Fish passage is focused on allowing fish to move upstream past barriers in the river, most commonly dams or diversion structures. There are many methods and techniques to providing upstream fish passage; the choice of the best technique requires a detailed understanding of the needs of the individual project and the strengths and weakness of each available method. OneFish understands the swimming capabilities of a wide range of fish species, how to model the specific site hydraulics, and regularly works with state and federal wildlife managers to determine passage priorities and appropriate design criteria.
Some of the more common methods for upstream passage include:
Technical fishways – permanent engineered structures that create well defined hydraulics, allowing fish to swim upstream through a series of pools
Nature-like fishways – bypass channels or rock ramps that reduce the velocity of water, allowing fish to swim around the existing dam or diversion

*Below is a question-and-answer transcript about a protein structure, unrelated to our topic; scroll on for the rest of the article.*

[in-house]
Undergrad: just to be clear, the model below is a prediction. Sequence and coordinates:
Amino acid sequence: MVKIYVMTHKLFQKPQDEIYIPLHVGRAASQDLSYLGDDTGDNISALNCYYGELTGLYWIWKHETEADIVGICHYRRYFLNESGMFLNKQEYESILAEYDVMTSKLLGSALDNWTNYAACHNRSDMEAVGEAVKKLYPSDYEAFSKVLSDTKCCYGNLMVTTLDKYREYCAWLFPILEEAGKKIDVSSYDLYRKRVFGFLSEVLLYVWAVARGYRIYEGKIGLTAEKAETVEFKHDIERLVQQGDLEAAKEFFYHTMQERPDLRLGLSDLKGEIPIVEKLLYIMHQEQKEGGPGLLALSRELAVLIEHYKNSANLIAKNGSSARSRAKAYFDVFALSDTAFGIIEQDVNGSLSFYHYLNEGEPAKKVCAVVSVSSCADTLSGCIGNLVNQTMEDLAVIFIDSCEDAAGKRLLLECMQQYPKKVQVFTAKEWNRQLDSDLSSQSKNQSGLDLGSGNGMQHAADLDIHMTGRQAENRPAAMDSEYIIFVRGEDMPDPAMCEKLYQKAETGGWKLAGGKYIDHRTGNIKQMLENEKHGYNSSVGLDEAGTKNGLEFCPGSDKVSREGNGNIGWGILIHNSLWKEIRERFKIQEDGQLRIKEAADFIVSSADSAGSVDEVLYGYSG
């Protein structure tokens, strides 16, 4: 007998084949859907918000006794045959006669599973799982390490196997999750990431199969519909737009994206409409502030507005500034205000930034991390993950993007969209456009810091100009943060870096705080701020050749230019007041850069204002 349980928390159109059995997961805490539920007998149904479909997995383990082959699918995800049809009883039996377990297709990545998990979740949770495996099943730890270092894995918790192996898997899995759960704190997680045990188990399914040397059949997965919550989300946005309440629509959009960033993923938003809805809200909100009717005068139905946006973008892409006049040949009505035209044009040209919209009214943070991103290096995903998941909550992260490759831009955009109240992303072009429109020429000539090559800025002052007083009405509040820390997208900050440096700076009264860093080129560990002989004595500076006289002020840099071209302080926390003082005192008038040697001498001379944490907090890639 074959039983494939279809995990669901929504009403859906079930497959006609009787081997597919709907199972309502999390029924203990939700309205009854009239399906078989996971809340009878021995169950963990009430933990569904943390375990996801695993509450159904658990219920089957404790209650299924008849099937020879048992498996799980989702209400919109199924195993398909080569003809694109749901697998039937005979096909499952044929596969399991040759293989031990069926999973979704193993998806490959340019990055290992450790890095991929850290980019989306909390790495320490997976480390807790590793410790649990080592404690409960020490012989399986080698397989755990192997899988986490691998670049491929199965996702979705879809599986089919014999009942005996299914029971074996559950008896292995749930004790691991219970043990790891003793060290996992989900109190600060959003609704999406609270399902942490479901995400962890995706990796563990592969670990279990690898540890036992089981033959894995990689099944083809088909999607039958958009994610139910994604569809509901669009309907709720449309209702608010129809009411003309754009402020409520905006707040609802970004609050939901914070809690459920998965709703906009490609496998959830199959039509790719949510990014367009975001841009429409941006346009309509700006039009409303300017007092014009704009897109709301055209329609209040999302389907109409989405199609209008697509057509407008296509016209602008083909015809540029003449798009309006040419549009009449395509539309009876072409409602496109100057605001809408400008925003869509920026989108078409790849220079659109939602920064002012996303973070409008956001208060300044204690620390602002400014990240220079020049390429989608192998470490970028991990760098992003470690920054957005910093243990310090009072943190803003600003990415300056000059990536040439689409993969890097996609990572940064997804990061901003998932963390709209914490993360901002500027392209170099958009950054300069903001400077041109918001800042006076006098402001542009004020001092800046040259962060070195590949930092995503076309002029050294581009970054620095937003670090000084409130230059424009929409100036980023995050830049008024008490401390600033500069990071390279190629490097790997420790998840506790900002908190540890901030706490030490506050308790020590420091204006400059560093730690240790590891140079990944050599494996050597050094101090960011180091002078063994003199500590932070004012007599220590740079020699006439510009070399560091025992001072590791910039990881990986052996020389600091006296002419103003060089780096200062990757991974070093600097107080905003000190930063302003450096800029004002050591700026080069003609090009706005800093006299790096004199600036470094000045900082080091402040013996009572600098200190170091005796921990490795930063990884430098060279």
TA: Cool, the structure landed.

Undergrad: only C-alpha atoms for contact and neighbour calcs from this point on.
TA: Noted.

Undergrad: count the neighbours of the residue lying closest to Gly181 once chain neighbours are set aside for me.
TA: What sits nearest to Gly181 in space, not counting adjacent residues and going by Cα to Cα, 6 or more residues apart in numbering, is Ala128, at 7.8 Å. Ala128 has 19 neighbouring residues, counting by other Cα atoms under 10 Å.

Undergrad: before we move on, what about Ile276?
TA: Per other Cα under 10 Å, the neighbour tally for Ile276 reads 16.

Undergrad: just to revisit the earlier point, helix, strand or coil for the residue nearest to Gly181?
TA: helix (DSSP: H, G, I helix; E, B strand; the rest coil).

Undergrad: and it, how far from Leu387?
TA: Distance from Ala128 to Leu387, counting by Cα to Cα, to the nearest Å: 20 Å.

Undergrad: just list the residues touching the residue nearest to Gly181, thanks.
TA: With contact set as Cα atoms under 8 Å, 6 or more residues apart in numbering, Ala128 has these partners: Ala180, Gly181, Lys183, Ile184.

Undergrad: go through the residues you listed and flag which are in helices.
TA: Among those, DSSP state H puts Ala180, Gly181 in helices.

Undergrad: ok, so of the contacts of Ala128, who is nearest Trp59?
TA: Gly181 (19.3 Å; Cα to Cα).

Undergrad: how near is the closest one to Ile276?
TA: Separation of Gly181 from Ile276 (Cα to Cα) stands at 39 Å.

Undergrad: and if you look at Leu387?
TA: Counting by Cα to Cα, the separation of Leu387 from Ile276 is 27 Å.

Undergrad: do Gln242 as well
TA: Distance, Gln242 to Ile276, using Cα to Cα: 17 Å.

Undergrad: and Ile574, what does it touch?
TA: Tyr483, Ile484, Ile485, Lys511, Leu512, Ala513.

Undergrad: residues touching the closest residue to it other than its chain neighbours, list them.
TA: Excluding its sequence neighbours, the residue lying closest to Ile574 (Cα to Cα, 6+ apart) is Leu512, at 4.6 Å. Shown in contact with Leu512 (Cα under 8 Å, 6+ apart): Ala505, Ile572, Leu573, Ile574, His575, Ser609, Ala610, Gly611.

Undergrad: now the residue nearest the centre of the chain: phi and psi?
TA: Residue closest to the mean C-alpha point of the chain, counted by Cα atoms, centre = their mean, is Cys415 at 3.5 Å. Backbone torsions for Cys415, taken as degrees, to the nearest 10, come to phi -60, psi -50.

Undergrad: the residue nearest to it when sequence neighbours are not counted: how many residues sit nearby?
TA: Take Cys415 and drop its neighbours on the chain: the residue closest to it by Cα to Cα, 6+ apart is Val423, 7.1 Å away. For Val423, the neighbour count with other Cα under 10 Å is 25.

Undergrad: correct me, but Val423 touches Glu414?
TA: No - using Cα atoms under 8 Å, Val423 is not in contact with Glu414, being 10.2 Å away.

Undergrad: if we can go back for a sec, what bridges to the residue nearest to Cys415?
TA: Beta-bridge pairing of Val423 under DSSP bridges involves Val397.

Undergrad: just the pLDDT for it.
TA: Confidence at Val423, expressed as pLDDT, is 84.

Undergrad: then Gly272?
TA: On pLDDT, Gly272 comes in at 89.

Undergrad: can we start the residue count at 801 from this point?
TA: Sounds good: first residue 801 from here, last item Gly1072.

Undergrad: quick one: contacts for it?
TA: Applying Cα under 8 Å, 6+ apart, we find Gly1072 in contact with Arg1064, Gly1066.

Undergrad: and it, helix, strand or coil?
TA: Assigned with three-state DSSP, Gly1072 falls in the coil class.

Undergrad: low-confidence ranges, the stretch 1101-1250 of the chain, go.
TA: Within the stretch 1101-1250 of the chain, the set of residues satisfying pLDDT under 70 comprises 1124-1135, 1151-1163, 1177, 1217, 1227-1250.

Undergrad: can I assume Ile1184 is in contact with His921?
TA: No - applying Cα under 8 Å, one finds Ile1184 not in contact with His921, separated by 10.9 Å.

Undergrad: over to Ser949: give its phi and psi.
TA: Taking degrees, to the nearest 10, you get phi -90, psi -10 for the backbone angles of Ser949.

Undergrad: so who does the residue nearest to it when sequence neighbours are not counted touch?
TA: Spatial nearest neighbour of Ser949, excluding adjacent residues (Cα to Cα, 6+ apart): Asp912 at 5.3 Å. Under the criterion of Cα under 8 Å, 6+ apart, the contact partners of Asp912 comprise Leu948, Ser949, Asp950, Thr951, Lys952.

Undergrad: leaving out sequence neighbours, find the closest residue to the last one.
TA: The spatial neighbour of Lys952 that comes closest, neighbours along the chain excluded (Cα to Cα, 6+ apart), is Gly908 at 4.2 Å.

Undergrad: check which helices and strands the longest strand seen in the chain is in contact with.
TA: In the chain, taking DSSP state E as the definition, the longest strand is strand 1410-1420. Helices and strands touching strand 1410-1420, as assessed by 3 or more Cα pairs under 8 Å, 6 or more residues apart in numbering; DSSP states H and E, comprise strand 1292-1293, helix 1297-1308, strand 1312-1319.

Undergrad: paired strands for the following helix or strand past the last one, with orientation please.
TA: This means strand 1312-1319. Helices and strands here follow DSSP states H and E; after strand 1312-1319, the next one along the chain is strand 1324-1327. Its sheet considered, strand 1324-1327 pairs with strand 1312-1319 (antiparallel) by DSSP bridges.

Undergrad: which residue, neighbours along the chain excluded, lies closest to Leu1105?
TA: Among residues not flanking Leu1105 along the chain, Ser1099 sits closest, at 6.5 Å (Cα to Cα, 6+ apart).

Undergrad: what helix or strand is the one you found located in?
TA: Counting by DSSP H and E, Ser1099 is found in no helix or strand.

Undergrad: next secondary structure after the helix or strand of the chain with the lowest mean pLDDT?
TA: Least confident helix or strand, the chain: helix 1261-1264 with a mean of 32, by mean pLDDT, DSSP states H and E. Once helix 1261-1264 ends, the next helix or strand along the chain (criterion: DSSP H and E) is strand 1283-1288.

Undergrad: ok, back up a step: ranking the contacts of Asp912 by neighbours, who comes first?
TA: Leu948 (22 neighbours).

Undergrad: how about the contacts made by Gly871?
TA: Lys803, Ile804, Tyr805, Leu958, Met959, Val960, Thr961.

In-stream rock structures – weirs or rock riffles that achieve the same upstream water level but moderate the gradient moving downstream to decrease water velocities and elevation steps
Dam removal – to provide restoration of natural channel conditions when practical and appropriate
In some cases, resource professionals may want to introduce intentional barriers to passage in order to protect native fish from invasive species. Effective design of these barriers requires an understanding of the fish species present, their swimming abilities, the goals at each site, and the hydraulics of the river.
Please visit the following pages to see some example fish passage projects.
Sanger Fish Barrier